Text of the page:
Many of us appreciate the role that affordable apartment properties play in providing housing to Virginians who wouldn’t otherwise be able to afford it, but few genuinely understand what goes into preserving those meaningful living quarters in the state’s affordable housing supply. It’s an information gap that needs to be closed soon: During the next five years, more than 25,000 affordable apartment units reserved for tenants with incomes at or below 60 percent of an area’s median income and financed by the Virginia Housing Development Authority (VHDA) will conclude their mandatory 15-year lockout period, the compliance period during which a property that received federal low-income housing tax credits (LIHTCs) must maintain a certain amount of affordable units. At that point, many owners may need to invest heavily to modernize their properties or sell them to offload the financial burden.
The challenge at hand goes to the way such properties originally were financed. The federal low-income housing tax credit (LIHTC), created under the Tax Reform Act of 1986, accounts for nine out of every 10 affordable rental units developed in the United States. The program allows property owners to take a federal tax credit equal to a percentage of the cost incurred for developing low-income units. The credit is then sold, or “syndicated,” to an investor or group of investors in exchange for a capital contribution.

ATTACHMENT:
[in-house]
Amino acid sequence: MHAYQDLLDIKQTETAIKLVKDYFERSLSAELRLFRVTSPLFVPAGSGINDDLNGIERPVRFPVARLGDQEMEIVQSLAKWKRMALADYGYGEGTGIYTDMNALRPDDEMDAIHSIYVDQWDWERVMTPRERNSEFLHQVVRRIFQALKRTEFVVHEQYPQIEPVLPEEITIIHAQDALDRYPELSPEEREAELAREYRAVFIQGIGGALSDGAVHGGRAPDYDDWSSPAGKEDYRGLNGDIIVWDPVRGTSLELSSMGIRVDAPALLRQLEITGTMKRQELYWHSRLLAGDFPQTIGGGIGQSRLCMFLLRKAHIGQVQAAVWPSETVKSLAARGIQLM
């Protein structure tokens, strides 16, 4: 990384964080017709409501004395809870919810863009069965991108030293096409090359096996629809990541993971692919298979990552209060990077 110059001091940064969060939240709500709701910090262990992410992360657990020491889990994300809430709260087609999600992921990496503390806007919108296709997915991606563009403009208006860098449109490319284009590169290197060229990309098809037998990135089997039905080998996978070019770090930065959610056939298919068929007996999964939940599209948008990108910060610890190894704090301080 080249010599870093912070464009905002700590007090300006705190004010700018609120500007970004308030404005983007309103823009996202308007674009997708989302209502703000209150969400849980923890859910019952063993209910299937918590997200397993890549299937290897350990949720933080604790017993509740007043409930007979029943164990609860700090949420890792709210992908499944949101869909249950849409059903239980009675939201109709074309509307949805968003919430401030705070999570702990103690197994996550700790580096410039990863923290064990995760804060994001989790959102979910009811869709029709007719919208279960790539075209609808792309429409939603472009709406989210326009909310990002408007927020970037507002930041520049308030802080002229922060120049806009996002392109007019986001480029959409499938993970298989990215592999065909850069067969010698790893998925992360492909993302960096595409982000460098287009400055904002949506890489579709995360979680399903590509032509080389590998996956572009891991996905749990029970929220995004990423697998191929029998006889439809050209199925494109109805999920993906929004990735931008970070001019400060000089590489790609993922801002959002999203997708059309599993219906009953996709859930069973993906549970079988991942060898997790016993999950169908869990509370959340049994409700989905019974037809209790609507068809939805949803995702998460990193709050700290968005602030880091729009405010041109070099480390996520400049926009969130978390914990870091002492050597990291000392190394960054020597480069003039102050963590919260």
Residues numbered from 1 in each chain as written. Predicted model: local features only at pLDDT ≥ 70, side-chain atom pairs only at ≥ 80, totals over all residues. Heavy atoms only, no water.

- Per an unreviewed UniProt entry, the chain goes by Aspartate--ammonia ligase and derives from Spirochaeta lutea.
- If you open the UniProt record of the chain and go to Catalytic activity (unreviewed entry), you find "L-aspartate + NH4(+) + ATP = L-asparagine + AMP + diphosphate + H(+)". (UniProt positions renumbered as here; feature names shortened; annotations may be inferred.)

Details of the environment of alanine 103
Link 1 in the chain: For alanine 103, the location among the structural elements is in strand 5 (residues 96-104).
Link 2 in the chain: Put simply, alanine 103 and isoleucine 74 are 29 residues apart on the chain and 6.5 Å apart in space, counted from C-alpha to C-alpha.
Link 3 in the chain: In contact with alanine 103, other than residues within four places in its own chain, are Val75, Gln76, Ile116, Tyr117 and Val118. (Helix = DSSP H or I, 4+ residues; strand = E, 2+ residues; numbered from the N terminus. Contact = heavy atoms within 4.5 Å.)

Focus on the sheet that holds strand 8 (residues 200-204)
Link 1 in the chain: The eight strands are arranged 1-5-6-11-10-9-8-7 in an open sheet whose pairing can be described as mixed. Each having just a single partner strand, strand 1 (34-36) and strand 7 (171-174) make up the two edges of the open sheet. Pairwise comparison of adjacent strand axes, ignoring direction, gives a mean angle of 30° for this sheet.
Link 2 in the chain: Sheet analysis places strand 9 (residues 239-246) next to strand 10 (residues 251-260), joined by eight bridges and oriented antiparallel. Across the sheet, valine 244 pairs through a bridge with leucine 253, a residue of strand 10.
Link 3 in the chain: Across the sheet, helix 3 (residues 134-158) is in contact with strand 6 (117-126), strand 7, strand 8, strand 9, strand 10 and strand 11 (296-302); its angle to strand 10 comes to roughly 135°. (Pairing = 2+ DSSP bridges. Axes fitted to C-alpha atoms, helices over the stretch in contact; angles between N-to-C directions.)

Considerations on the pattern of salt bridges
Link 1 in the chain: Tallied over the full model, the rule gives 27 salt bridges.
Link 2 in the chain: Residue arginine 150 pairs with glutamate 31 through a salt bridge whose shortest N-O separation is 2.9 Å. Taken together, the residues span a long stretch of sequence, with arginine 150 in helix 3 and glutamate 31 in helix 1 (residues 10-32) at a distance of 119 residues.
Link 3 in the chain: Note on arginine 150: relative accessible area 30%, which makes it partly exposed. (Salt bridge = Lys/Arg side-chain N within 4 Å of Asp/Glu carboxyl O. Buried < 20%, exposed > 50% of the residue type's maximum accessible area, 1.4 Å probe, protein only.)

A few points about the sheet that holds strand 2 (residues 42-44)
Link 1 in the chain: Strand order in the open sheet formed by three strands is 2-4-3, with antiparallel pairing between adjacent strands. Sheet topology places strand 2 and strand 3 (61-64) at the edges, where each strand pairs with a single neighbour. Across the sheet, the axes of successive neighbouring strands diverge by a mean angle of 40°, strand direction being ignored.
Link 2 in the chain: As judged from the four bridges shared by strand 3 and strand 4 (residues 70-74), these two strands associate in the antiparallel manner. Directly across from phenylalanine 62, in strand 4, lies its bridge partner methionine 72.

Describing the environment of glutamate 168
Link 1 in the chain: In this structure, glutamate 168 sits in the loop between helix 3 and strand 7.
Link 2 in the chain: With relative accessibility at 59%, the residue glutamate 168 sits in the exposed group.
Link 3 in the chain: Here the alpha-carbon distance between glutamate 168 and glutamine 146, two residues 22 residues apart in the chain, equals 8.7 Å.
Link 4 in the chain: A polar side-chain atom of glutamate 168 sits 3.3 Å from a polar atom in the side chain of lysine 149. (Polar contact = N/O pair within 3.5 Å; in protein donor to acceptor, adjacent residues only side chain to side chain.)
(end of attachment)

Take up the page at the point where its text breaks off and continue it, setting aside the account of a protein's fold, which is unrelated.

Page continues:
For a property to qualify for LIHTCs, the owner must agree to lock up a certain percentage of low-income units for a 15-year period. The VHDA went a step further by requiring developers who received LIHTC subsidies to agree to an extended compliance period of an additional 15 years.
In signing on, many property owners simply did not envision what would be required to preserve the quality of the affordable housing stock. Today, many of the 265 some multifamily properties about to come out of the original 15-year lockout period are in need of extensive renovation, and yet the fact that they will have restricted rent flexibility for another 15 years limits their ability to pay for them and remain profitable at the same time. Faced against the prospect of higher debt costs to pay for these improvements, many are mulling a sale to new owners who will inherit the challenge.
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Source: Virginia Business | August 27, 2014